Is COVID-19 the newest disease of ageing

    Is COVID-19 the newest disease of ageing

    By Steve Foreman. Published 2021-03-01

    BOLD-Living

    Some scientists are calling COVID the new disease of ageing, putting it into the same category as cancer and heart disease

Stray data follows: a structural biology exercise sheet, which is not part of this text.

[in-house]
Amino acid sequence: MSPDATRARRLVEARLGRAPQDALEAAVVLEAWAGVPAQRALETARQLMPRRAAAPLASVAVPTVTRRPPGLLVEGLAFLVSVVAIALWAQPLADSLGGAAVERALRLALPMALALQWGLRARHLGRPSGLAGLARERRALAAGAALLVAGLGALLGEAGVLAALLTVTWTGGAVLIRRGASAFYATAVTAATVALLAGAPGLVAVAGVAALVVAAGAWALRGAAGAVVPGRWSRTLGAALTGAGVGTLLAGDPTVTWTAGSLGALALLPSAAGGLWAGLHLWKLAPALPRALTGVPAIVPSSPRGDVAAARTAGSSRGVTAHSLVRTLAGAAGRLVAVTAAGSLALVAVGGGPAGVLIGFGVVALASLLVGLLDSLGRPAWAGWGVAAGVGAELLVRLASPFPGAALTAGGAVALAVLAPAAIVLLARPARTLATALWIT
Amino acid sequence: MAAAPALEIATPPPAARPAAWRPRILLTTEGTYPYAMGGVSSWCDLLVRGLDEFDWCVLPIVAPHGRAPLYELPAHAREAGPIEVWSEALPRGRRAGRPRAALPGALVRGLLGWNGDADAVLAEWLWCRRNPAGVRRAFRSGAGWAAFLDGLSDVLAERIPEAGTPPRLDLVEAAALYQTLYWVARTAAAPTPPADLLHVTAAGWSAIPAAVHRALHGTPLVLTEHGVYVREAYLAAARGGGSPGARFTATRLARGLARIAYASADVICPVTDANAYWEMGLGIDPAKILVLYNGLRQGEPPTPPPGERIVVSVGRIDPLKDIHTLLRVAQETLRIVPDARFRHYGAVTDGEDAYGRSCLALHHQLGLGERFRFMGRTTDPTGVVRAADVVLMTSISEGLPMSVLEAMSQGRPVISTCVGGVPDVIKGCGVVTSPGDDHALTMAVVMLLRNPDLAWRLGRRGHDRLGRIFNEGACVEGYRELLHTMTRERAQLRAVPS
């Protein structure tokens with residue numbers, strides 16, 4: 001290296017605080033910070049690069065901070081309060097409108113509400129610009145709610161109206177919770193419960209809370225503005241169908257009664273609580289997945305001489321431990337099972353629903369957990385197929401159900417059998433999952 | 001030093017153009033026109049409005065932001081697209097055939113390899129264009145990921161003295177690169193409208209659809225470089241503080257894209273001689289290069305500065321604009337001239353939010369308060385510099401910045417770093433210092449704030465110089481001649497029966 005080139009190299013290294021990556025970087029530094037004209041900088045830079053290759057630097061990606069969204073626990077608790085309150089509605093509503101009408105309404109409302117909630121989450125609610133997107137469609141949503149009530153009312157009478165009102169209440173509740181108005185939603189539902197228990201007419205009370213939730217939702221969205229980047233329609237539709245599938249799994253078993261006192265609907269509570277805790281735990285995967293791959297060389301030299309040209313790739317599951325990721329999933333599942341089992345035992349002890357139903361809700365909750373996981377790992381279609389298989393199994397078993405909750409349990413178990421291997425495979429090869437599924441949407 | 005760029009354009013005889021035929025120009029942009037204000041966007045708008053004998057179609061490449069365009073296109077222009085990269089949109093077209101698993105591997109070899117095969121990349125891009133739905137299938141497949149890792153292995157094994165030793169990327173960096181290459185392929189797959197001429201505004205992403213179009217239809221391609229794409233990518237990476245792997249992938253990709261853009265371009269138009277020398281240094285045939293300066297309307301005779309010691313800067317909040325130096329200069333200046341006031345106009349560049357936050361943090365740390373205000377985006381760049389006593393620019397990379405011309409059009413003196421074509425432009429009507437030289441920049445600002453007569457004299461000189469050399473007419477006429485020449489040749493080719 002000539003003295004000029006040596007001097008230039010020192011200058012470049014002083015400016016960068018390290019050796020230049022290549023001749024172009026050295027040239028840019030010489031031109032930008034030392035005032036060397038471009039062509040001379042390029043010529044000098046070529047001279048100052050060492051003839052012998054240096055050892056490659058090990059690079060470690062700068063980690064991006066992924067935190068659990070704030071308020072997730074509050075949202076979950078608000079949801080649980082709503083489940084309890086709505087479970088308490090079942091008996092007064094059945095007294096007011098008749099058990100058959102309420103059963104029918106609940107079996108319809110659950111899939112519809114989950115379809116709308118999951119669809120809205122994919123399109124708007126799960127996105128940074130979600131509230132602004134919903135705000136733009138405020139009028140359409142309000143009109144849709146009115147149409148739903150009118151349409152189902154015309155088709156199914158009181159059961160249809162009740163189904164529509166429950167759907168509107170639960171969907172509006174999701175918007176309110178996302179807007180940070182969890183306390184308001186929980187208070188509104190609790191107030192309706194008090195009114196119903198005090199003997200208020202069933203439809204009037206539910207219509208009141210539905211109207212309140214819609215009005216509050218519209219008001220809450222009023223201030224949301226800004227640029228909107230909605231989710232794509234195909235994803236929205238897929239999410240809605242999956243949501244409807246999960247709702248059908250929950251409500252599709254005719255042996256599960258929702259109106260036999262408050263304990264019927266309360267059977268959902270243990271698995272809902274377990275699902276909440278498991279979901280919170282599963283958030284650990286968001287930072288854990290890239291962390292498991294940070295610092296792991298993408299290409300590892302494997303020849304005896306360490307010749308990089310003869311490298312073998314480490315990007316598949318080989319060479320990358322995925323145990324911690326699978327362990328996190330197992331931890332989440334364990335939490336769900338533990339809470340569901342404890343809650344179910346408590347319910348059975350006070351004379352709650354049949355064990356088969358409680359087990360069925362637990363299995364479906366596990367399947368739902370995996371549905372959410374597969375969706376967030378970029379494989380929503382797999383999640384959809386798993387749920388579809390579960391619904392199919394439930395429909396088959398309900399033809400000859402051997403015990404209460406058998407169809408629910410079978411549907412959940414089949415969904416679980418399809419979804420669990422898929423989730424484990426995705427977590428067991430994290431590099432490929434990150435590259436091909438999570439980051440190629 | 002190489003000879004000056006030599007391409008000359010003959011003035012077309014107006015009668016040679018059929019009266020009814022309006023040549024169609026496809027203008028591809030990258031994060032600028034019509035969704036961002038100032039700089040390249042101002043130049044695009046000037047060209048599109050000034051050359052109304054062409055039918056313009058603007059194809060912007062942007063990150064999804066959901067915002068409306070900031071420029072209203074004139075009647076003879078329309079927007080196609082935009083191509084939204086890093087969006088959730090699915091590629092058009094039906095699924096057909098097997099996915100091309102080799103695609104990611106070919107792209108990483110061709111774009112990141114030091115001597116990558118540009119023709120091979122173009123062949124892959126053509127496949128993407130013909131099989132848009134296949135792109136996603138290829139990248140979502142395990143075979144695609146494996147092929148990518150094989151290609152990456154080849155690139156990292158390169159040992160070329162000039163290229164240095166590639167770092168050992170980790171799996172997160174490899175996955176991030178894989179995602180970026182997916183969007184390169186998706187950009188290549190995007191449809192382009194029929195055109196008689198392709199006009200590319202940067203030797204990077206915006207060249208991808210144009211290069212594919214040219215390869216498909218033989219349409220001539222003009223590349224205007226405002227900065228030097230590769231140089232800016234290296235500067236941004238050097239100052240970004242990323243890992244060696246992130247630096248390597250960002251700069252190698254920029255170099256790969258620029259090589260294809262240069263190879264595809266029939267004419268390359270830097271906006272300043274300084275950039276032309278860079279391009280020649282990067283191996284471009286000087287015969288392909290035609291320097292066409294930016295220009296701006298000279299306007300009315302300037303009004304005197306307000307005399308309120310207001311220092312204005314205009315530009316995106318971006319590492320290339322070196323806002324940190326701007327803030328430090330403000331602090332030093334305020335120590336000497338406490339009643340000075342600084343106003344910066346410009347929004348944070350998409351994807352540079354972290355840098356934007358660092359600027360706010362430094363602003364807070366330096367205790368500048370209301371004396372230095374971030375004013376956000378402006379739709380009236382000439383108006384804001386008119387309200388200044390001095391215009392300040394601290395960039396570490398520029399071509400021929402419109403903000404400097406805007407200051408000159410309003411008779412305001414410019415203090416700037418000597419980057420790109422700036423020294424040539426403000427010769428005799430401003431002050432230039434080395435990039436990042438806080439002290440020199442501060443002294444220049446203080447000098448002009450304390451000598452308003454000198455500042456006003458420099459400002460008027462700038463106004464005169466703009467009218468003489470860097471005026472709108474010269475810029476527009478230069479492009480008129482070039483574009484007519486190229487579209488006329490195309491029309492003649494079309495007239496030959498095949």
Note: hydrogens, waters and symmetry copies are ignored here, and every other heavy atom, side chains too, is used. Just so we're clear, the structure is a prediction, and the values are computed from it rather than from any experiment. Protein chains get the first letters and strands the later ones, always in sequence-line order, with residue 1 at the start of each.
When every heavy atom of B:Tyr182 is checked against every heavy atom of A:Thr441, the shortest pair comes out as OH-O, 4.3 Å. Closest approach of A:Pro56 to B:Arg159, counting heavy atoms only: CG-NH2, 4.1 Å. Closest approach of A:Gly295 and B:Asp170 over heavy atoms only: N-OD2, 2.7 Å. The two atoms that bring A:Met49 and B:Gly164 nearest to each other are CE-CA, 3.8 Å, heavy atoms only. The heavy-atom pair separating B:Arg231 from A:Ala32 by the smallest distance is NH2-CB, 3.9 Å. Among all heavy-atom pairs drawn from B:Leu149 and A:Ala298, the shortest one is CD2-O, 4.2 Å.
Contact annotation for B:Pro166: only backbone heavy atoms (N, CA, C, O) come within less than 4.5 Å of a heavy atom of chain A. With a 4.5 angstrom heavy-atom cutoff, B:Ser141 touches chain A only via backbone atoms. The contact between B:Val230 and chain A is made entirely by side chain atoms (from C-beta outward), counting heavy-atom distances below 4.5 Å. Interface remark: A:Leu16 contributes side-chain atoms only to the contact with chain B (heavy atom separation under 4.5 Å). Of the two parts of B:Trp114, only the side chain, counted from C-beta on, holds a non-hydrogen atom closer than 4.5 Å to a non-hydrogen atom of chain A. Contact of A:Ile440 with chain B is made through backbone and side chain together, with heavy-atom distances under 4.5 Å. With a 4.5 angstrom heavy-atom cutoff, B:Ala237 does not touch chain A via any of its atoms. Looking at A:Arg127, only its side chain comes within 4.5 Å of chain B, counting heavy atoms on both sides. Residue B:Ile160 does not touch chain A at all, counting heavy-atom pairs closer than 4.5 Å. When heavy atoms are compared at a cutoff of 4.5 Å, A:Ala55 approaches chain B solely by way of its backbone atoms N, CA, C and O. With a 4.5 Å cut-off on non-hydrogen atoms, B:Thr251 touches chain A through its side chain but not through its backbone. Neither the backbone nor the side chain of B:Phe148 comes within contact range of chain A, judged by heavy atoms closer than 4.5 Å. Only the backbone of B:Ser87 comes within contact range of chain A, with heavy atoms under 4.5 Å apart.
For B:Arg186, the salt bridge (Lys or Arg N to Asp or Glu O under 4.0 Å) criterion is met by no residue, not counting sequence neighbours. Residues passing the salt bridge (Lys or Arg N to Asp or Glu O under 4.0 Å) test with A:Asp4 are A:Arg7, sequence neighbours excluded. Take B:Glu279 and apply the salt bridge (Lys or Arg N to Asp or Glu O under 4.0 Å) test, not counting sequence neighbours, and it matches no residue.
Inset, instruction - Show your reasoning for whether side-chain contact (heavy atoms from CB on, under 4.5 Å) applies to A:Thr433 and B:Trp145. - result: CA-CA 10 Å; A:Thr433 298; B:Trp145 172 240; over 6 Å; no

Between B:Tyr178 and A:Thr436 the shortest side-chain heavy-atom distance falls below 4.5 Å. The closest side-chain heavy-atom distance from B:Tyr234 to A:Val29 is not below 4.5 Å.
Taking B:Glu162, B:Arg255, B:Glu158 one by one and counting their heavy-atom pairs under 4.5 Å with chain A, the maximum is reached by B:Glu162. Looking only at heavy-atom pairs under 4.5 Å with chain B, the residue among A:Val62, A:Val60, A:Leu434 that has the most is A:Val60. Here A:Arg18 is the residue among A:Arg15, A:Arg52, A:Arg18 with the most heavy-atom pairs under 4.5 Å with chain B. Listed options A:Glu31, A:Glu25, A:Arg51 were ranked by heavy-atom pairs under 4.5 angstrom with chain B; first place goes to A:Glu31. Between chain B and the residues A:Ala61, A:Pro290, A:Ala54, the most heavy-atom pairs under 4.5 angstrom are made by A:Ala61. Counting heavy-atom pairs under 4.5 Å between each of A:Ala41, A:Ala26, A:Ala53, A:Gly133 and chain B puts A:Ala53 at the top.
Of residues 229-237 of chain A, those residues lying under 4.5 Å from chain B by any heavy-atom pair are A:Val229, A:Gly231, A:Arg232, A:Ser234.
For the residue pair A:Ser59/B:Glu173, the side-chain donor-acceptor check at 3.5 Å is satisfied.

As we are only too aware, the impact of the COVID-19 pandemic has been felt across the world. But did you know that across Africa, which contains some of the world’s poorest countries and limited access to healthcare, its impact has been far less than in many western countries. Colin Farrelly who is a Queen’s University professor believes this is due to the large age difference between the two populations. In the UK for example, life expectancy is 81 but in sub-Saharan Africa it is less than 62. The fatality rate of COVID-19 increases dramatically with age. Professor Farrelly suggests that our quest to live longer and delay death in later life has made many populations vulnerable to COVID-19.As a result, some scientists are calling COVID the new disease of ageing, putting it into the same category as cancer, heart disease and dementia.As a result of the pandemic, science is now turning its attention to slowing the ageing process itself instead of focusing on specific diseases. Instead of focusing on the positive impact of exercise and a healthy lifestyle, many scientists are now focussing on drugs and dietary supplements that could help the human body to age better. Many believe that the human body has evolved over time. Its main task being to produce offspring and live long enough to care for their offspring until they can become self-sufficient. It has been suggested that the average life span is designed to be around 70 years, after which the body begins to breakdown and become susceptible to disease. Scientists not only want to prolong life, but ensure those later years are healthy and productive.There are many trials underway across the world, searching for that drug. Scientists in Japan have recently claimed to have developed a gene therapy that could delay ageing. Its very early days and the treatment has only been trialled on mice, but the lifespan of the mice was extended by 25% and there were no significant side effects. They believe this treatment could eventually be used on humans, but this is a very long way off.Is this a good thing, should we be trying to slow or indeed reverse, the natural process of ageing? Let us know what you think at alive@theboldage.com

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